News / Asia

Security Transfer Sparks Pride, Concern Among Afghans

After more than 10 year NATO and US have started withdrawal of their equipments from Afghanistan, (File photo).
After more than 10 year NATO and US have started withdrawal of their equipments from Afghanistan, (File photo).
Sharon Behn
Afghans welcomed their national forces taking responsibility of security across the country, ending 12 years of US and NATO-led control. Many are concerned about the Afghan security forces’ logistic capabilities to face down violent militant networks operating in the country.

Barely an hour before a simple closed door ceremony was held here in Kabul marking the transfer of security from NATO to Afghan forces, a suicide bomb exploded in the heart of the city, killing three and injuring dozens.

Standing outside the bomb-crumpled metal gate, next to his clothes still spattered with blood, Mohamad Asad said he thought Afghan security forces could protect the country. But that neighboring Pakistan was damaging the process.

“The national army can defend our Afghan nation, but with Pakistan interfering, security will be impossible. If Pakistan is against the Afghan national army, it will be impossible to have a secure Afghanistan.”

The Taliban and other militant networks are believed to take refuge in Pakistan.
Some critics are skeptical about the ability of the 350,000 Afghan security forces to deal with the bloody Taliban insurgency after 2014 when most foreign combat forces will have withdrawn.

Looking at the twisted metal left from Tuesday’s blast, Ezatullah said he was worried. Afghans often only use one name. “Me and my family are very worried about this, the situation and security in Afghanistan are not good,” he stated.

Senior administration officials in Washington said the handover was a key milestone on the way to the complete transition of responsibility for security to Afghans by the end of next year.

Speaking in a International Security Assistance Force compound in Kabul, behind high blast walls and rolls of barbed wire, NATO forces chief Gen. Joseph Dunford was more optimistic.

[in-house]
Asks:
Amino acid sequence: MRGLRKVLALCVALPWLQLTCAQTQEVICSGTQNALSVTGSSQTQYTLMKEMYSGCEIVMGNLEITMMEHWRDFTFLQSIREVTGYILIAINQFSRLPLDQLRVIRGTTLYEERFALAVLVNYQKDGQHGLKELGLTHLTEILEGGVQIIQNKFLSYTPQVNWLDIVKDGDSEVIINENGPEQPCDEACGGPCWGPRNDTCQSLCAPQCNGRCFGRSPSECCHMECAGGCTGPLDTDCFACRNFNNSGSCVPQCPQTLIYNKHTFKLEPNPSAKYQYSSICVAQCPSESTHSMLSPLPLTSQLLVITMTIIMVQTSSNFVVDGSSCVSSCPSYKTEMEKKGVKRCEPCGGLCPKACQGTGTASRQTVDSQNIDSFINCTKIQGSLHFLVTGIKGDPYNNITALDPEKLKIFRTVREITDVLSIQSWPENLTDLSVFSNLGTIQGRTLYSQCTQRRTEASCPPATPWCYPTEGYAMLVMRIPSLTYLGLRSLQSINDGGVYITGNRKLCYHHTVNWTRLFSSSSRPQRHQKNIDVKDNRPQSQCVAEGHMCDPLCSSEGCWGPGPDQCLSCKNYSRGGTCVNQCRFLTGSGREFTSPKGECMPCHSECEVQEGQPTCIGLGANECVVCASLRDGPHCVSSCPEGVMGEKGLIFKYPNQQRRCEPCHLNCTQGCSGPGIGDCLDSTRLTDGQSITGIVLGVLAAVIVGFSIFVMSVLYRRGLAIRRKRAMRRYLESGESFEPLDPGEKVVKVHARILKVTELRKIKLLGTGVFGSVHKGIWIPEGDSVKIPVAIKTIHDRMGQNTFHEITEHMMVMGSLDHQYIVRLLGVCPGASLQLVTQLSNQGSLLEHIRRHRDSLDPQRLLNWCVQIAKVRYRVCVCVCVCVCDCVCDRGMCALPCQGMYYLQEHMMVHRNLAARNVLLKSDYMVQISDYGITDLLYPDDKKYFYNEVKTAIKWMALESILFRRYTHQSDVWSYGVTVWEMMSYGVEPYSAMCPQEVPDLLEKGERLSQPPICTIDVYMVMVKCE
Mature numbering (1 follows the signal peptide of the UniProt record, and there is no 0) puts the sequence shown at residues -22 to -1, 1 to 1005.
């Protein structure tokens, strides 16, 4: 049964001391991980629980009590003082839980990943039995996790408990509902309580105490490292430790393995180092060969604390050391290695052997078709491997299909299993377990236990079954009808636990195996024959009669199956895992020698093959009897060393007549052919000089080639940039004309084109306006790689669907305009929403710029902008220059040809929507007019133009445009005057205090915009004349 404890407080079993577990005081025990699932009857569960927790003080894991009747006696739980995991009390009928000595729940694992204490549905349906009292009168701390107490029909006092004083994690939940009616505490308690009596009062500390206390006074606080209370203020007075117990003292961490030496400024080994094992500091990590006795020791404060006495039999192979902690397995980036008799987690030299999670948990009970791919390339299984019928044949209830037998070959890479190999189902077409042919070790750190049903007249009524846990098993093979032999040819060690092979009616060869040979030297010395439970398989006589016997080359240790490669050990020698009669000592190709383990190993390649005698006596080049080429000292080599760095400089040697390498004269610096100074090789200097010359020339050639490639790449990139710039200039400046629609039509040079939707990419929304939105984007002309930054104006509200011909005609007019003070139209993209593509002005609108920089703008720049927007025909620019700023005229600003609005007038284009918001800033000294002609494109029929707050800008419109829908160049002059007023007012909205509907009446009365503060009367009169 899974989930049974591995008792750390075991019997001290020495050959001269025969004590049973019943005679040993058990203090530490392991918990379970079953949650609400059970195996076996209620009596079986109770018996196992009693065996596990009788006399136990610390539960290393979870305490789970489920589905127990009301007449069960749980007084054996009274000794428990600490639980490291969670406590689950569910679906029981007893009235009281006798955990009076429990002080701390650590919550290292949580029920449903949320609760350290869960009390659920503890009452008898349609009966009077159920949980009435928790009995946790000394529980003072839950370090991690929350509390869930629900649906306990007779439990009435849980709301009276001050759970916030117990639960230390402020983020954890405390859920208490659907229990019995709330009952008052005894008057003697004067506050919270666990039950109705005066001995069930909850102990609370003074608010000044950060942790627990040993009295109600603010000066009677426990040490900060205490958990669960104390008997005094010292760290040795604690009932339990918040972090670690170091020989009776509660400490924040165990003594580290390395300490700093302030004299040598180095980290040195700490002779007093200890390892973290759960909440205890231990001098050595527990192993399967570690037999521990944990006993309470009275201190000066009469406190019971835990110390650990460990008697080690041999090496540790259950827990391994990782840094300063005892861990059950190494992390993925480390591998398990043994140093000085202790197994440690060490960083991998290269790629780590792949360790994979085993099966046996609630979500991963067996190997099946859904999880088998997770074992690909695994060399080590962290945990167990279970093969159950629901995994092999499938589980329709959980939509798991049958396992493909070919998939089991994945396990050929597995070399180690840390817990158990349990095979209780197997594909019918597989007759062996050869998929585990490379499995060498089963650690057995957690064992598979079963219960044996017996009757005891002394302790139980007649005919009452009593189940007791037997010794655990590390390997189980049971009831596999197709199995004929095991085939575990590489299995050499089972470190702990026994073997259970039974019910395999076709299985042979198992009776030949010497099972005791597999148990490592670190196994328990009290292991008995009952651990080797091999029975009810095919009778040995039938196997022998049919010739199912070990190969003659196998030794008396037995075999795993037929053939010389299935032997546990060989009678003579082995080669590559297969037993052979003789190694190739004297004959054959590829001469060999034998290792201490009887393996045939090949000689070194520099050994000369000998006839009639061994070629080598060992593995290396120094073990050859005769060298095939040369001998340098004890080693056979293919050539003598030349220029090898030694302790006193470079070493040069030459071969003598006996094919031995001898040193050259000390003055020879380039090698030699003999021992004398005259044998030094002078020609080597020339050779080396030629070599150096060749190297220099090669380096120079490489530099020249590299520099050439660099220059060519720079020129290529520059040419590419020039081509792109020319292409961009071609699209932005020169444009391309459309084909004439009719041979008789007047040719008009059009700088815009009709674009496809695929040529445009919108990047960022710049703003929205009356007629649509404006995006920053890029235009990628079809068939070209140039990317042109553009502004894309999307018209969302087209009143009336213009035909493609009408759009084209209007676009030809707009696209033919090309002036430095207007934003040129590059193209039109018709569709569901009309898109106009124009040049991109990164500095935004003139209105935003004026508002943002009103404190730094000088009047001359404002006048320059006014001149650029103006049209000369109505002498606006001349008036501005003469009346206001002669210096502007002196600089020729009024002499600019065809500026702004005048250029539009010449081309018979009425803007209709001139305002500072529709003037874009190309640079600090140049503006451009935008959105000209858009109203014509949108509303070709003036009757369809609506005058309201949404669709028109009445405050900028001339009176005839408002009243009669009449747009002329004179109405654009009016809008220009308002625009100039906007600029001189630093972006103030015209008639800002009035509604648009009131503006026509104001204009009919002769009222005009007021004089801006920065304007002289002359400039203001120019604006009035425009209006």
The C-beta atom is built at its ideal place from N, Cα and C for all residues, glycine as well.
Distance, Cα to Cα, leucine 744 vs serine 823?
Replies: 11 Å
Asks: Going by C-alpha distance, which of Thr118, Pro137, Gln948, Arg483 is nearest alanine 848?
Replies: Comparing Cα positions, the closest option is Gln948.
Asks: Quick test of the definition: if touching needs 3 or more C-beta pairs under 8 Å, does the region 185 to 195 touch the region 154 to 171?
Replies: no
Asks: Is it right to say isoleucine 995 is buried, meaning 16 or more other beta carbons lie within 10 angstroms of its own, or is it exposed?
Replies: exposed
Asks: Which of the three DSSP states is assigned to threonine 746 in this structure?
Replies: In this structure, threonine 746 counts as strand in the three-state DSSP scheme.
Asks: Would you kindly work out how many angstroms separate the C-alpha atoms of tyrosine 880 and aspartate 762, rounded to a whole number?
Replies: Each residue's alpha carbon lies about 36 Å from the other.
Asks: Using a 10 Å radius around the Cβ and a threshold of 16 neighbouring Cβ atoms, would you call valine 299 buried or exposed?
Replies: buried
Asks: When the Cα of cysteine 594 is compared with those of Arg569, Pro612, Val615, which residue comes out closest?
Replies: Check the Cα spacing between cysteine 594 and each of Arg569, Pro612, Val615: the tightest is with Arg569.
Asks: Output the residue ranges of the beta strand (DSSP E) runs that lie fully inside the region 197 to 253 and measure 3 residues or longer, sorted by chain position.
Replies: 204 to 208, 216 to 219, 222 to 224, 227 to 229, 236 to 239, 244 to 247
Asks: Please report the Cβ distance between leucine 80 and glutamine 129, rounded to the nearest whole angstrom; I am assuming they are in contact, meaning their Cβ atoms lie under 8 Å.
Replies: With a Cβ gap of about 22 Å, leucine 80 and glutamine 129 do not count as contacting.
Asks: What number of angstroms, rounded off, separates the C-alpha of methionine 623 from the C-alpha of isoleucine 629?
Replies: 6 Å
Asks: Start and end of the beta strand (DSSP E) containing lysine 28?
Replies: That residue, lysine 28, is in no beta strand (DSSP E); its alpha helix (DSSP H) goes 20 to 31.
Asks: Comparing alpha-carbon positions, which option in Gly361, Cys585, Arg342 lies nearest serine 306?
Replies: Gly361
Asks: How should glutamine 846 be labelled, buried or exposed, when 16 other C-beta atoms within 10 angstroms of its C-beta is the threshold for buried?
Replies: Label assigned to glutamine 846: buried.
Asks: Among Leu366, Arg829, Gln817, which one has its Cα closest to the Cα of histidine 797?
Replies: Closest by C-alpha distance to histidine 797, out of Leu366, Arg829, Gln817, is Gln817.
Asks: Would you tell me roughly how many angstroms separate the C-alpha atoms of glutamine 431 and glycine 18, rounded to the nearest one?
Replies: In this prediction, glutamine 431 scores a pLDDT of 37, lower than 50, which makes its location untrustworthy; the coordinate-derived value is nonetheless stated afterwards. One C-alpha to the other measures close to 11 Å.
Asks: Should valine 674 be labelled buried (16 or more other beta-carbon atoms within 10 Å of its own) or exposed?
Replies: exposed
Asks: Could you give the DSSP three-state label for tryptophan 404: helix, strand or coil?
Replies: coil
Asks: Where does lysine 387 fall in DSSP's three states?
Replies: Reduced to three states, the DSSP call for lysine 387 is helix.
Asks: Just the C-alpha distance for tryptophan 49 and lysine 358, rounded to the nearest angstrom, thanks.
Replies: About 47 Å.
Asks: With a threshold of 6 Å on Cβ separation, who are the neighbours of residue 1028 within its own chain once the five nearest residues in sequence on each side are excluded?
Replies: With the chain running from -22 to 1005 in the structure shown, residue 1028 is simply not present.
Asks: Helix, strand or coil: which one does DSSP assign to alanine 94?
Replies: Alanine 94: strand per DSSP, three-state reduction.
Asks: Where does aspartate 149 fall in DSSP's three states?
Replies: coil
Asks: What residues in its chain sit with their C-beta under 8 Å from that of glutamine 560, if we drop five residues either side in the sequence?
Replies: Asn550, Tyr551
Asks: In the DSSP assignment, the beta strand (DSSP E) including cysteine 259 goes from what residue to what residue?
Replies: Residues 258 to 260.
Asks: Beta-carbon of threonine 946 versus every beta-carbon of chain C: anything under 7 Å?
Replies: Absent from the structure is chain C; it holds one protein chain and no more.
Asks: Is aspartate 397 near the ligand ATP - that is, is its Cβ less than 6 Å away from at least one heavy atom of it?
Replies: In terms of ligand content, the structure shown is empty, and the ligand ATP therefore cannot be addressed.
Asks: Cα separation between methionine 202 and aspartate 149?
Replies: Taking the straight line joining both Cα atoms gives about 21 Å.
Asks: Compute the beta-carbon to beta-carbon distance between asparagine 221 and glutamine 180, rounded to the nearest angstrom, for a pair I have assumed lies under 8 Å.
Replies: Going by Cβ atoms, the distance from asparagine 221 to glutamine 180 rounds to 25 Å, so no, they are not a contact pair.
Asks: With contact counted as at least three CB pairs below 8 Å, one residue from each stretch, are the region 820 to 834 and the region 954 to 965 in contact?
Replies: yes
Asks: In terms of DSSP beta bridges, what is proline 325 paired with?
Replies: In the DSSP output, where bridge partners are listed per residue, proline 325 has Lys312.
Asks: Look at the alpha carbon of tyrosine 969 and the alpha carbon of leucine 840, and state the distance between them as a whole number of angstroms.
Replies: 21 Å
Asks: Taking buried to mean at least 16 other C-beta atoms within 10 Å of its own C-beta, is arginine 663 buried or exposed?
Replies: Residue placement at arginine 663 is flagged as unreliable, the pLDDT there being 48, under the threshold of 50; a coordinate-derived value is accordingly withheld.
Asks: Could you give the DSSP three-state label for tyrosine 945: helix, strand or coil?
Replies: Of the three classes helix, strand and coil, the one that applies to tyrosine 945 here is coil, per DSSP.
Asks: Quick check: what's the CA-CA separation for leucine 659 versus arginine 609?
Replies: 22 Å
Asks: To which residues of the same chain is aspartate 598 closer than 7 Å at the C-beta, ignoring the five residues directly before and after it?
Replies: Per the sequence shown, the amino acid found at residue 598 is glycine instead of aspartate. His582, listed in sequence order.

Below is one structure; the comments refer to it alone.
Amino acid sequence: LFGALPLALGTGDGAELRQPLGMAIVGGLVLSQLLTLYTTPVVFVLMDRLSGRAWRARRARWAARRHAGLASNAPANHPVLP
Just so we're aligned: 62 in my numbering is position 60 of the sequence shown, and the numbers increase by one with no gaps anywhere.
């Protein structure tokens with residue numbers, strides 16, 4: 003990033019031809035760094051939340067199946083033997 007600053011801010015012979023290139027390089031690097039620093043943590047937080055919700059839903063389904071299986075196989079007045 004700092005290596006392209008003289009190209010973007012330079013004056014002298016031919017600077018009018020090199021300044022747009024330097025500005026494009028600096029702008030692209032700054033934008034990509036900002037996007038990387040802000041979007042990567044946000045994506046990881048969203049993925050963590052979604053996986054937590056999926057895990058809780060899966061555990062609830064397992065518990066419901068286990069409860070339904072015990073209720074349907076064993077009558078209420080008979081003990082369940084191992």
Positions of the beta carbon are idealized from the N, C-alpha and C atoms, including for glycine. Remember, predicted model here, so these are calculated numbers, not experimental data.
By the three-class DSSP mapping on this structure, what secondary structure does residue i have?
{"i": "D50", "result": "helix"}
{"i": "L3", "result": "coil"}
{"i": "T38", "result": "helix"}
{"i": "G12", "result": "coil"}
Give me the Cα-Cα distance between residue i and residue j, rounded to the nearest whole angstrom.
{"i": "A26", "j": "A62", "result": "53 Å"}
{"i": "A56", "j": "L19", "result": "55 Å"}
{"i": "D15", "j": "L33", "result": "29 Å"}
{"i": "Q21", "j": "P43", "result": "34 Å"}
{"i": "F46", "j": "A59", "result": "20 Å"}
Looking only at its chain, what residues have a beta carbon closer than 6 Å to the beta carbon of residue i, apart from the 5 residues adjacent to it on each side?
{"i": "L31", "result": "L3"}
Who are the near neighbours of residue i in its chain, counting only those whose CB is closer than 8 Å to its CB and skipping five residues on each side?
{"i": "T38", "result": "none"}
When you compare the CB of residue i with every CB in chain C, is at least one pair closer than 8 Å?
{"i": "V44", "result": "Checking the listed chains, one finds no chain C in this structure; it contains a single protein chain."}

“Do I believe today that the Afghans have the capability to assume lead security responsibility in Afghanistan, the answer is yes. Do I believe the Afghan forces can secure the elections in 2014, the answer is yes, and do I believe we can effect full security transition with the mission that secretary general outlined today from a train, advise and assist perspective at the end of 2014," Dunford noted. "The answer is yes.”

Dunford said the final security transfer in the more unstable areas of eastern and southeastern Afghanistan would happen over the next five months.

He added that NATO forces would continue to train and assist their Afghan counterparts, as well as give air support and medical evacuation services.

But not everyone in Kabul shares Gen. Dunford’s views. Provincial council official, Angiza Shinwari of eastern Nangarhar province predicts more violence.

“I am not optimistic about this transition, because our national forces are not trained with patriotism, and they are not trained in what they need to be trained. And they did not receive the equipment that they need to defend their land and people. Because of that I am not optimistic on the security transition,” said Shinwari.

Dunford said talks are underway between the United States and Afghanistan on a bilateral security agreement that is to take effect once international combat forces leave at the end of 2014.

That agreement he said, will be partly based on the performance of the Afghan forces over the summer, next year’s presidential elections, the pace of political reconciliation with the Taliban and cooperation from regional players, an oblique reference to neighboring Pakistan.

You May Like

Video Miami Cubans Divided on New US Policy

While older, more conservative Cuban Americans have promoted anti-Castro political movement for years, younger generations say economically, it is time for change More